Pianofest: An Injured Hand Spawns a Mighty Oak

An artists’ colony for pianists
Two of last summer’s Pianofest students performed a duet at Stony Brook Southampton’s Avram Theater.

Thirty years ago, Paul Schenly, an acclaimed classical pianist, injured a hand. From that acorn, the oak of Pianofest of the Hamptons grew. While Mr. Schenly was undergoing physical therapy in New York City, a friend suggested he escape its steamy summers and continue his recovery in the Hamptons.

“So I rented a small cabin on Three Mile Harbor,” he said during a recent conversation, “and I just fell in love with nature and the Hamptons. I thought it would be a wonderful place to start a sort of artists’ colony for pianists.”

He discussed the idea with several local people, and one, Bill Plate, was so enthusiastic about it that he offered to connect Mr. Schenly with others who might be helpful. 

Then, as now, he was teaching at the Cleveland Institute of Music during the academic year. The institute offered to lend him six pianos for the summer, which he trucked to East Hampton, and he found a house on Pantigo Road that was sturdy enough to house them.

From the beginning, Pianofest has offered concentrated study to a small group of pianists selected by audition, who are also given opportunities to perform at local venues. The program started with six students. Now in its 29th year, it has 26 students, 13 grand pianos, and receives several hundred applications a year.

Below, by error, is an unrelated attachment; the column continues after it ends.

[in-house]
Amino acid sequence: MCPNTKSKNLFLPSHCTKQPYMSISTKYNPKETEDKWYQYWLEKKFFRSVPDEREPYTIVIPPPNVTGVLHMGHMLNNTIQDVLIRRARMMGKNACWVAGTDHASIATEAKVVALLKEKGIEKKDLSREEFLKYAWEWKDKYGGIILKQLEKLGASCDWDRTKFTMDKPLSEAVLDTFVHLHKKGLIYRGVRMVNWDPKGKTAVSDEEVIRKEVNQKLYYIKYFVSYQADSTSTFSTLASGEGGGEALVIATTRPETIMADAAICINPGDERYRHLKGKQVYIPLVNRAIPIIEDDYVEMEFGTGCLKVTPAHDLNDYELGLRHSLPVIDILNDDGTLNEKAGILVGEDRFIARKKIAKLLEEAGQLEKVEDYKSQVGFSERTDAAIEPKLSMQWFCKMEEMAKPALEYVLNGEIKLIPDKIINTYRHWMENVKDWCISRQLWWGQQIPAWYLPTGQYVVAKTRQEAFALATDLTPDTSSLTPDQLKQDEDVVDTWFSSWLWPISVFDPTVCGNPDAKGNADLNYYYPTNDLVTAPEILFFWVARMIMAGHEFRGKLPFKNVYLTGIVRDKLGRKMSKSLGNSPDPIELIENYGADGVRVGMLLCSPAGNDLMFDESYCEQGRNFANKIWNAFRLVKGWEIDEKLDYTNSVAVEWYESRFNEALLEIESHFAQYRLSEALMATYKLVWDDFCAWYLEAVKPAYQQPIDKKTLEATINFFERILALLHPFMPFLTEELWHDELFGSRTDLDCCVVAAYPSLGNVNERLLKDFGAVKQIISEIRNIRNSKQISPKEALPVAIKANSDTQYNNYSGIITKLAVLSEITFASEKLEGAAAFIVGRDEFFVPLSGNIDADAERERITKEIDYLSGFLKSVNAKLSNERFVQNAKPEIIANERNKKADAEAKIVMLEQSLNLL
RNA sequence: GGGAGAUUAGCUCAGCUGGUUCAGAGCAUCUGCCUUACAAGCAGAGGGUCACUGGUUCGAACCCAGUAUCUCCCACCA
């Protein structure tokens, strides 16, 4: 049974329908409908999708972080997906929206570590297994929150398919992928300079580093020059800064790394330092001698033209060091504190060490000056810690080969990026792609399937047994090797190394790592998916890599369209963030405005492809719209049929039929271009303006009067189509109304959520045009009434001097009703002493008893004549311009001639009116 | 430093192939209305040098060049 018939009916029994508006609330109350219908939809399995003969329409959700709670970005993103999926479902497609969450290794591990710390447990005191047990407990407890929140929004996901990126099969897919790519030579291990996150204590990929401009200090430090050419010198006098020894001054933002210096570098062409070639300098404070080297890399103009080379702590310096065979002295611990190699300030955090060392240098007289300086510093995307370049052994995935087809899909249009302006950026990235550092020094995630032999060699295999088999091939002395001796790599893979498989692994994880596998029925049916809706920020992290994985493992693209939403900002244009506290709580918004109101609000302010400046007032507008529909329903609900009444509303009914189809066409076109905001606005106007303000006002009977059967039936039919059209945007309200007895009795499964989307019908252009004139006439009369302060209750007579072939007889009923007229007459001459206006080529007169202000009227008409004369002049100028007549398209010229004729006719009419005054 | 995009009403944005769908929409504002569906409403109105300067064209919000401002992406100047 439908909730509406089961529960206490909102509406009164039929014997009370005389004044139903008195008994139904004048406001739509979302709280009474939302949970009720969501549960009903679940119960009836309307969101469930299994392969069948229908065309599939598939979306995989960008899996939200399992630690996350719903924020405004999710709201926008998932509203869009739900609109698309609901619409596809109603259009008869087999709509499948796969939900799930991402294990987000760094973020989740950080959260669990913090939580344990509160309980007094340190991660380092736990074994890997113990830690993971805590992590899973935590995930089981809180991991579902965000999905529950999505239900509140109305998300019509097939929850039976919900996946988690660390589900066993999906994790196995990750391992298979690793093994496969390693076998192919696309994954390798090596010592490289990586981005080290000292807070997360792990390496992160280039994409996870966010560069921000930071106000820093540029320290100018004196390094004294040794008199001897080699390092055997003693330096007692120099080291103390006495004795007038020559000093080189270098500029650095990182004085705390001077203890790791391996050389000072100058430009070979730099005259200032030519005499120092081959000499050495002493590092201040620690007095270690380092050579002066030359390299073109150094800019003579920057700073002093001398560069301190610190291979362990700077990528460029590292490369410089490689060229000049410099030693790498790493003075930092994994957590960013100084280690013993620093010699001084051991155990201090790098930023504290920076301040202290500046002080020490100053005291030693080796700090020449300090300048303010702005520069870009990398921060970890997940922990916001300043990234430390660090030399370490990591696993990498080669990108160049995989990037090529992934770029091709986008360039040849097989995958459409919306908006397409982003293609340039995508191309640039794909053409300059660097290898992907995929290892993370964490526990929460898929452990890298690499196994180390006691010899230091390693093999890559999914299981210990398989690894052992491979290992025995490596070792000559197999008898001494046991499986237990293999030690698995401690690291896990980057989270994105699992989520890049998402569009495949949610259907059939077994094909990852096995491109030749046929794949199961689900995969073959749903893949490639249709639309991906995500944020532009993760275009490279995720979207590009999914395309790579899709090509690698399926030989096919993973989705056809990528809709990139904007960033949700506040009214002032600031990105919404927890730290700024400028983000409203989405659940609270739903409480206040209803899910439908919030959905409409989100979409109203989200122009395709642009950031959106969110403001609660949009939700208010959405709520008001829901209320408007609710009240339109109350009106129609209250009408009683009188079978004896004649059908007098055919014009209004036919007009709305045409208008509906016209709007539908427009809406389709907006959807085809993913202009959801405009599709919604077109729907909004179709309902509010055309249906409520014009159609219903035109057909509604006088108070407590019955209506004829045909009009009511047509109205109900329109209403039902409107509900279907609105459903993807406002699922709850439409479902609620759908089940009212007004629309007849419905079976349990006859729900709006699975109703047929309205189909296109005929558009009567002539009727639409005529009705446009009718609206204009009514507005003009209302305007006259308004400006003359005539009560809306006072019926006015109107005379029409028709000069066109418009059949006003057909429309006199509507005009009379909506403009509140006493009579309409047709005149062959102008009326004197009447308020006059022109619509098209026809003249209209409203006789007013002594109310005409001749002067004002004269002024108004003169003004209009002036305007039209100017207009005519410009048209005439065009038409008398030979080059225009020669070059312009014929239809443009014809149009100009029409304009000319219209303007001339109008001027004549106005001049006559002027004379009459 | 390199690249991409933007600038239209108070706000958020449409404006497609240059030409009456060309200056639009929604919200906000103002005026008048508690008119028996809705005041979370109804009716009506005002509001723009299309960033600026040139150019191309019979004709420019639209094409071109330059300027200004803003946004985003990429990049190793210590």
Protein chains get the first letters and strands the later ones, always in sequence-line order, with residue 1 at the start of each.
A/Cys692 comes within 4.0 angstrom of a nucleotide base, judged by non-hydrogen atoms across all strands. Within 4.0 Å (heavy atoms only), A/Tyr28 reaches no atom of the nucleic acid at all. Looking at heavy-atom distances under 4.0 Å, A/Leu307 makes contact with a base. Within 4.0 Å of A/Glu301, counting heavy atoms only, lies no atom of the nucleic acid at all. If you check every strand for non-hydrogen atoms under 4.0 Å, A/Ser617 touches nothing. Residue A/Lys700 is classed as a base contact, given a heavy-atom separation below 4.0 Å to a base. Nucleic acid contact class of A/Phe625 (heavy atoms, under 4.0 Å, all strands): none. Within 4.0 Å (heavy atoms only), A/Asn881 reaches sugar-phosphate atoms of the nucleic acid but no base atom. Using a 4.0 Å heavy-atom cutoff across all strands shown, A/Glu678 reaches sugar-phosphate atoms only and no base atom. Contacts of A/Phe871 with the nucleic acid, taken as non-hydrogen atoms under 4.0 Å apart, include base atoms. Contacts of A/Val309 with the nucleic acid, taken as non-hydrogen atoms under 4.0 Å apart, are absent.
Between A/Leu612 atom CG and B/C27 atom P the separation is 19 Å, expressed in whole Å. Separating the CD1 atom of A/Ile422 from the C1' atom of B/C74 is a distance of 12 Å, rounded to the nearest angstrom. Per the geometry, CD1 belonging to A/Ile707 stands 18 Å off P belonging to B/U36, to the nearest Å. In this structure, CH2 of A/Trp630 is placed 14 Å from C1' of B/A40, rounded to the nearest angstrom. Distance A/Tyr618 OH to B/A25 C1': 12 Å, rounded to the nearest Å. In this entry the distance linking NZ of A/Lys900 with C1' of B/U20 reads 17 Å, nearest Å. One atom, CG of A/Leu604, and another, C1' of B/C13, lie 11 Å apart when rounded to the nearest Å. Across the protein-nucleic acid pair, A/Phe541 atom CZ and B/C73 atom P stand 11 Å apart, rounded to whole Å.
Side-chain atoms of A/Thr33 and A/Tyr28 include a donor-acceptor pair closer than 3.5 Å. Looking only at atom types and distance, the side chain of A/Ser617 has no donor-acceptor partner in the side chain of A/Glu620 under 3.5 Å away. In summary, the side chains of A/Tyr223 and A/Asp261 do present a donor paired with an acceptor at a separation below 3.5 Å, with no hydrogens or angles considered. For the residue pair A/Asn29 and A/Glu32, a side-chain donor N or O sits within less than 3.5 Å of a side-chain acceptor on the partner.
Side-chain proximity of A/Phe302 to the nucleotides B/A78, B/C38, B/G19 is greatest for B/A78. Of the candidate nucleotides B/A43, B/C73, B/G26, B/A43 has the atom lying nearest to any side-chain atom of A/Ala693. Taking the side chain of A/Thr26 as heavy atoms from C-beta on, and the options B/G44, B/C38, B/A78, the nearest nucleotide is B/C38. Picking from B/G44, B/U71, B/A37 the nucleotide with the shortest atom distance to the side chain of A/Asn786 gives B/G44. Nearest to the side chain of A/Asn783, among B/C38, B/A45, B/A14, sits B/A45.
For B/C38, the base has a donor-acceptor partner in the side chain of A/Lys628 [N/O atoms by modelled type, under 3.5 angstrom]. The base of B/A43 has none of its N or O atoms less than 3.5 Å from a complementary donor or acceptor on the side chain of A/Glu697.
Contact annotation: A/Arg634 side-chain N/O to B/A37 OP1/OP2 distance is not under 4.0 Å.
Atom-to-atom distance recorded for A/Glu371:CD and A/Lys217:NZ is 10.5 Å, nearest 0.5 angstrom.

“We don’t advertise,” Mr. Schenly said. “It’s all by word of mouth. This year’s group has students from 12 different countries and 22 different schools.” He noted that there are often students with double majors, usually coupling music with math or physics. This summer he has not one but two weightlifting champions, and a figure skater who was performing in Europe in “Holiday on Ice” when Mr. Schenly tried to contact him about travel arrangements.

“Concerning repertoire,” he said, “Pianofest decides on the program the night before the concert. Usually four or five pianists perform. The programs are selected based on what I hear during the week at lessons, on giving everyone performance opportunities, and on creating a balanced and entertaining program.”

This year, the program will present 14 concerts, starting Monday at 5:30 p.m. at the Southampton Cultural Center’s Levitas Center for the Arts. The concerts will continue twice weekly until Aug. 14, with programs in Brookhaven, Stony Brook Southampton, and St. Luke’s Episcopal Church in East Hampton. Tickets are $20; free for students with ID.